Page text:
The opinion of the court was delivered by: EDELSTEIN
EDELSTEIN, District Judge.
This action arose out of an accident suffered by plaintiff's intestate, Santo La Capria, a longshoreman, on March 1, 1961, in the number two lower hold of the S.S. STEENSTRAETE. Defendant Compagnie Maritime Belge was the owner of the S.S. STEENSTRAETE. Defendant William Spencer & Son Corporation was the chenango or freight forwarder working a lighter which was moored at the same pier as the S.S. STEENSTRAETE. Third party defendant Transoceanic Stevedoring Corporation was the stevedore servicing the S.S. STEENSTRAETE and was also Santo La Capria's employer. Transoceanic was impleaded solely by Spencer and Spencer and Compagnie Maritime Belge cross-claimed against each other, each seeking indemnity. This court has jurisdiction under 28 U.S.C. § 1333.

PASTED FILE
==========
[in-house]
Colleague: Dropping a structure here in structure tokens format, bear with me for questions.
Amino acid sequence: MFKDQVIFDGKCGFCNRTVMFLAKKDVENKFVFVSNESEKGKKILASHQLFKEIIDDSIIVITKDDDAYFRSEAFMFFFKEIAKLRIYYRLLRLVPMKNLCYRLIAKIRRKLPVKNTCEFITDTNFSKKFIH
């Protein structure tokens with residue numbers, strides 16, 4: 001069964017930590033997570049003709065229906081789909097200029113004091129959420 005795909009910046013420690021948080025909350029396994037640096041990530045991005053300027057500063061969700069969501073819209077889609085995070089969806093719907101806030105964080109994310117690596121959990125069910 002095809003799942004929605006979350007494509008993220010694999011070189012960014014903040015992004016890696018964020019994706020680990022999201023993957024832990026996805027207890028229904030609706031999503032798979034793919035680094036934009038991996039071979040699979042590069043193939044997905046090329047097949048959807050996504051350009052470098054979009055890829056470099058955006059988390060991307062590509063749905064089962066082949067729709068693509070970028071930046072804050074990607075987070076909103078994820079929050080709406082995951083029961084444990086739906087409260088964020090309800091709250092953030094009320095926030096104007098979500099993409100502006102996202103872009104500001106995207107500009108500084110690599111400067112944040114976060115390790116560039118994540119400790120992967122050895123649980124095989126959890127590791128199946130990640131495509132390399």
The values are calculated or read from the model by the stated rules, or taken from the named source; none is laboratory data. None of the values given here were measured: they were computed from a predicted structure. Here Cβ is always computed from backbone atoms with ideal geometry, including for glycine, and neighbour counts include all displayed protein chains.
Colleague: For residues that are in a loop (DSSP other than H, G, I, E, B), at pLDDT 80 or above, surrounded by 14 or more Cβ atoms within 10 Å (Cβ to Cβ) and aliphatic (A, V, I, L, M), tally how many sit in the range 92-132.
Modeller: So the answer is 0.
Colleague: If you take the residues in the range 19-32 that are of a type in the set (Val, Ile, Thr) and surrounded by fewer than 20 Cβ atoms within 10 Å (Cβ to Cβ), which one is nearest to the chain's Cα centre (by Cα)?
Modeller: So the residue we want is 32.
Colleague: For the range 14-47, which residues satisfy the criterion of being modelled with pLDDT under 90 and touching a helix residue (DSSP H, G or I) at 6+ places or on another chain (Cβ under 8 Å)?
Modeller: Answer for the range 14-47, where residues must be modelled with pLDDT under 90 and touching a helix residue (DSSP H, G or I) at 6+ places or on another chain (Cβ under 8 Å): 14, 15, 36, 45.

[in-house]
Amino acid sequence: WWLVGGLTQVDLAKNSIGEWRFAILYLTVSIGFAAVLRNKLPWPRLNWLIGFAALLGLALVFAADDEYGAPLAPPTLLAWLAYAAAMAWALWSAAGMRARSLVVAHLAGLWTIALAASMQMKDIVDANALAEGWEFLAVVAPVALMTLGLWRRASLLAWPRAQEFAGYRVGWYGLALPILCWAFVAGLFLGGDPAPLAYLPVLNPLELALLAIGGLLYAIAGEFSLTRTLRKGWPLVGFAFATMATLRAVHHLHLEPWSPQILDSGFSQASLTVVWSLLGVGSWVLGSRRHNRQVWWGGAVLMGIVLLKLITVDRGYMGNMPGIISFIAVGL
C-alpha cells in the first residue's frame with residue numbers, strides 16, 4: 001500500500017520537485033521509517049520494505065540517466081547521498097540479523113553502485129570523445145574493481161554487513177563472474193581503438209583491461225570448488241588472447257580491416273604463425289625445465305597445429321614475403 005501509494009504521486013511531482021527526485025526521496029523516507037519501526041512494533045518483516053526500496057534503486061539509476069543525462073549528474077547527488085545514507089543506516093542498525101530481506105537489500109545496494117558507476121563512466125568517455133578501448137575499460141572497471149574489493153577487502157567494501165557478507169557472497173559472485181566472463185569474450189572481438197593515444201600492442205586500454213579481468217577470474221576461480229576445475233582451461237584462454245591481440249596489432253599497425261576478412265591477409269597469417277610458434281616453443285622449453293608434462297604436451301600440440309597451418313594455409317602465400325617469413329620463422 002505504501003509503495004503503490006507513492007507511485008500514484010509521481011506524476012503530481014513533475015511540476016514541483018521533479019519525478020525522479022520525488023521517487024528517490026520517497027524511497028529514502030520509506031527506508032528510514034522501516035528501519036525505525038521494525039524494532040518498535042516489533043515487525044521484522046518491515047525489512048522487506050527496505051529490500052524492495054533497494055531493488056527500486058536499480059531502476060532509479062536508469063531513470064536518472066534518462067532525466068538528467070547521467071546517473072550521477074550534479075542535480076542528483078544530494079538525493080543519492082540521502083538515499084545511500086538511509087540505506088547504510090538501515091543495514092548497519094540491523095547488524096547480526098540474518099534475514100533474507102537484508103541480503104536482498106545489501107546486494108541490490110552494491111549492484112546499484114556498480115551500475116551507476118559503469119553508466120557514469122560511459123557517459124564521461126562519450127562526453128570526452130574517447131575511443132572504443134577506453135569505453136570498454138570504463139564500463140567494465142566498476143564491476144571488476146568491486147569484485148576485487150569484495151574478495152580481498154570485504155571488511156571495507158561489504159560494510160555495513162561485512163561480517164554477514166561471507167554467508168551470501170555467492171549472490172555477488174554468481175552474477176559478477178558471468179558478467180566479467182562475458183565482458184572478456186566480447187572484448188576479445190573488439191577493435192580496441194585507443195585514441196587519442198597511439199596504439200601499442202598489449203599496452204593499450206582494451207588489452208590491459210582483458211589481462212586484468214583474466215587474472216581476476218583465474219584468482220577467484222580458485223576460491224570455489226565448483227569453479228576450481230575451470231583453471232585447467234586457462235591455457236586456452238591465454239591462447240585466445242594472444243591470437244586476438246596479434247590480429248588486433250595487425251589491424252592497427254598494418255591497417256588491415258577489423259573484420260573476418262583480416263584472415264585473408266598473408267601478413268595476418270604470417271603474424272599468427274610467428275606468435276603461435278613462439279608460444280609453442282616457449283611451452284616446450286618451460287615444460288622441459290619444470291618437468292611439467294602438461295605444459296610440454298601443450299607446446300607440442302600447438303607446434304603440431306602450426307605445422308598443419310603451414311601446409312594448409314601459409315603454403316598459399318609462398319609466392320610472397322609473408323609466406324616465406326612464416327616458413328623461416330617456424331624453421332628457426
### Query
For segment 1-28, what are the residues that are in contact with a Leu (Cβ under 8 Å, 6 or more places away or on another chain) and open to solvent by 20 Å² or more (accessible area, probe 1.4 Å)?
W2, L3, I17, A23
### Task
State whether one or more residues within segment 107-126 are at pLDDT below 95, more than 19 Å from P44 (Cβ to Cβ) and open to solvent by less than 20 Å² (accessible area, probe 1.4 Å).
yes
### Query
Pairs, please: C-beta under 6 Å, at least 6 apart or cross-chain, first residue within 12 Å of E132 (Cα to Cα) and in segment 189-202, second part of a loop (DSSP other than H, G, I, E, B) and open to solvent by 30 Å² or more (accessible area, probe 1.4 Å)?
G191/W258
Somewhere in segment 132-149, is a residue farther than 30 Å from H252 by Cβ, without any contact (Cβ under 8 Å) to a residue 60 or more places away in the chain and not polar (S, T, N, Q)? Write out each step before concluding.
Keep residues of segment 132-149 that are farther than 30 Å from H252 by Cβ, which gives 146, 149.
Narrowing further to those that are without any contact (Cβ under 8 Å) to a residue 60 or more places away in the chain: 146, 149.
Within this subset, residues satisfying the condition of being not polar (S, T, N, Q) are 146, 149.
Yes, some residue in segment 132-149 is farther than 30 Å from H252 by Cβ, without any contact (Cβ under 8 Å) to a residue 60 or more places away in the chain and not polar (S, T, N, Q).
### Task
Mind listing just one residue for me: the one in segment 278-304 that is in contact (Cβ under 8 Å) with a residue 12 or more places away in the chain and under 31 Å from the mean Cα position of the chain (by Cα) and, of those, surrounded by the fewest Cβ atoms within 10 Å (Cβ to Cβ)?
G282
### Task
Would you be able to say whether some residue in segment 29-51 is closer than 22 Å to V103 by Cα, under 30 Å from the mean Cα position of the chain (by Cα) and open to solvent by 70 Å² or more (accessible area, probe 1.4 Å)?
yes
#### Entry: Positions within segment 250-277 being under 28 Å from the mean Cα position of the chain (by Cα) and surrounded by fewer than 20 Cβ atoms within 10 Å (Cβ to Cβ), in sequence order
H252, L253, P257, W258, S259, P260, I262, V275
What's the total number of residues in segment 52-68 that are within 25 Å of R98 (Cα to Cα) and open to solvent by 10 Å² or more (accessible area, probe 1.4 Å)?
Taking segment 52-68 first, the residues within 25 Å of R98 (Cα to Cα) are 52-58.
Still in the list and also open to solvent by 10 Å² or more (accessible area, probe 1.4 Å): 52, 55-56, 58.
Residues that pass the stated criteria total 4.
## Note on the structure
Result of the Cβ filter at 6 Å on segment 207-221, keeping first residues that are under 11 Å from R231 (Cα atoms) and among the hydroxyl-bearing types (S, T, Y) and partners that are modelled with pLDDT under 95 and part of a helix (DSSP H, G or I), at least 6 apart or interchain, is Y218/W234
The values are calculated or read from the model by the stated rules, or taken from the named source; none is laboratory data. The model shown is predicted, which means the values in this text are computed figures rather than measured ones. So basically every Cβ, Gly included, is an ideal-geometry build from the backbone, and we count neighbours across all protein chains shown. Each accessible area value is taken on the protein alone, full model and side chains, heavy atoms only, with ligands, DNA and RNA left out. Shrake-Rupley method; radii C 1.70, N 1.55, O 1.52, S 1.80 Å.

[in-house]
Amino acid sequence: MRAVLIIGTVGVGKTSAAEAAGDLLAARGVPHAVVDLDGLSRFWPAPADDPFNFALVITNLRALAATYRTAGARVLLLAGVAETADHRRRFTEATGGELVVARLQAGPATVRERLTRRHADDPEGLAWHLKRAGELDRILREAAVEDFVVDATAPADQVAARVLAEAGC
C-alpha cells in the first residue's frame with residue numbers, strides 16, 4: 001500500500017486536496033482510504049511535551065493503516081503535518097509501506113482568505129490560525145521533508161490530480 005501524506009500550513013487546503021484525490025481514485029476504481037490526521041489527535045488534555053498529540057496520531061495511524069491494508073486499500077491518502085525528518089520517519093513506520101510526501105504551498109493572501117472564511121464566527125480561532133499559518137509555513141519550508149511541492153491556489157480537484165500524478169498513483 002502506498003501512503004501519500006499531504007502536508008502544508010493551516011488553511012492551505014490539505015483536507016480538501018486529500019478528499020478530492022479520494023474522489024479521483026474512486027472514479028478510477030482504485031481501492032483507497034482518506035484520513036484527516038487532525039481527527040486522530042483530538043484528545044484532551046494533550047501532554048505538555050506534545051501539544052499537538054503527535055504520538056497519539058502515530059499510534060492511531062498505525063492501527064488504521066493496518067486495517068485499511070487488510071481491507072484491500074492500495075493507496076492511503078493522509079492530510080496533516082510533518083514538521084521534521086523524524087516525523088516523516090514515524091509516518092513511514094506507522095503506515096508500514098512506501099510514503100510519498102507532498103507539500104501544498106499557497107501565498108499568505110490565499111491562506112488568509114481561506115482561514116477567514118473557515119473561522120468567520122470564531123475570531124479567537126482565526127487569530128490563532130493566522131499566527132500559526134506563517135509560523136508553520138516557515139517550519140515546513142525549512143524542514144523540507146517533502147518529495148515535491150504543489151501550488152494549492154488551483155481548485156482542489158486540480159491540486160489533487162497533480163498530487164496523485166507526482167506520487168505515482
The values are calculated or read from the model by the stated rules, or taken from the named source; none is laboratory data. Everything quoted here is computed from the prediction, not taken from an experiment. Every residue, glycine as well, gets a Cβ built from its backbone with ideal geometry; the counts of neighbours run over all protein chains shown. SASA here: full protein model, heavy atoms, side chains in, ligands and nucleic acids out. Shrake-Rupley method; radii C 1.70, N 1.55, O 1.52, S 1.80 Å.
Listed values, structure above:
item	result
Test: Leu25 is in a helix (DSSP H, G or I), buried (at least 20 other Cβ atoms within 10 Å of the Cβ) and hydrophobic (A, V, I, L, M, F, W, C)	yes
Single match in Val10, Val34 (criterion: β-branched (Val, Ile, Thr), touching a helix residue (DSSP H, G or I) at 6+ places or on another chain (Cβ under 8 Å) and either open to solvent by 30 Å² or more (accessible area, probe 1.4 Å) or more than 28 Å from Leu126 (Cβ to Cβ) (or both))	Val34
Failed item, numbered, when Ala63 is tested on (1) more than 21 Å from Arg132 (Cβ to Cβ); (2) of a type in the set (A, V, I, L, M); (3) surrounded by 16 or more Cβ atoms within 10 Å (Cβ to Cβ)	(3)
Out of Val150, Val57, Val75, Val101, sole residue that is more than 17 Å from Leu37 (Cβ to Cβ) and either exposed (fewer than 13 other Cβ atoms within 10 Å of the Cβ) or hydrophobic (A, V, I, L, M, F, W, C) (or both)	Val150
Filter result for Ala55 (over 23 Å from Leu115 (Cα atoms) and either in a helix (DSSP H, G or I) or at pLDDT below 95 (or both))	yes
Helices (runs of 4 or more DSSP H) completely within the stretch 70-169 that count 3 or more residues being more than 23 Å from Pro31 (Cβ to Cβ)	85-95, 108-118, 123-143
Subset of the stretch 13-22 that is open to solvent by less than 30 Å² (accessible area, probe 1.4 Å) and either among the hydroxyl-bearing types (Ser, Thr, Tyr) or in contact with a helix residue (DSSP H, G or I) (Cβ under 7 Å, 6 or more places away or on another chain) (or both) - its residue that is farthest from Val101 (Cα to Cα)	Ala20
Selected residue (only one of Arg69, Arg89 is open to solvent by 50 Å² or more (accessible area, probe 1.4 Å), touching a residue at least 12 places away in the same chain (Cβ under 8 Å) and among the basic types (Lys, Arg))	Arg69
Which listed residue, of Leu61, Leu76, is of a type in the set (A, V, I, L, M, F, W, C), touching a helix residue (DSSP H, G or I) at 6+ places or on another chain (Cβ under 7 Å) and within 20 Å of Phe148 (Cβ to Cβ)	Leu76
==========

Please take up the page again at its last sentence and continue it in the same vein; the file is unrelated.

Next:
It is undisputed that the accident occurred at approximately 11:30 a.m. when the deceased was struck on the back of his head and shoulder by a one-hundred pound sack of flour which fell from a pallet in the process of being lowered by a winch into the hold of the number two hatch. The preponderance of the credible evidence, considering oral testimony, depositions read into the record, and documents introduced in evidence, enables the court to reconstruct the events which led to the accident. The S.S. STEENSTRAETE was berthed at one side of Pier 14, North River, taking a cargo consisting of sacks of flour into its number two hatch. On the other side of Pier 14, Spencer was unloading sacks of flour from the Pennsylvania Railroad Lighter 440. Spencer's men were accomplishing their unloading operation by placing the sacks of flour on wooden pallets. Each pallet held twenty-four one hundred pound sacks. The sacks were in four tiers. Each tier consisted of six sacks, four of these sacks being placed side by side with their longer sides touching, and two sacks being placed with their shorter sides touching and their longer sides touching the shorter sides of the other four sacks. The first, second and third tiers were placed sack upon sack straight up, while the fourth tier was reversed to create a more stable pallet load. Each loaded pallet was then taken by a Spencer hi-lo fork lift to a designated spot on the pier. From that spot, each pallet was taken by a Transoceanic hi-lo to another spot on the pier. From this spot, a second Transoceanic hi-lo brought the pallet to the stringpiece where it was taken aboard the ship by means of the ship's gear. There is no claim that anything was wrong with the ship's gear or that the gear was other than fit and proper. At the stringpiece, a gang of four Transoceanic employees attached each pallet to the ship's gear to be hoisted aboard ship. This gang also had the task of examining each pallet load to make sure that it was a stable draft for hoisting purposes. As each draft came over the square of the hatch in which longshoremen were working, a gangwayman was assigned to shout a warning so that the men in the hatch would take cover and be out of harm's way if a sack were to fall.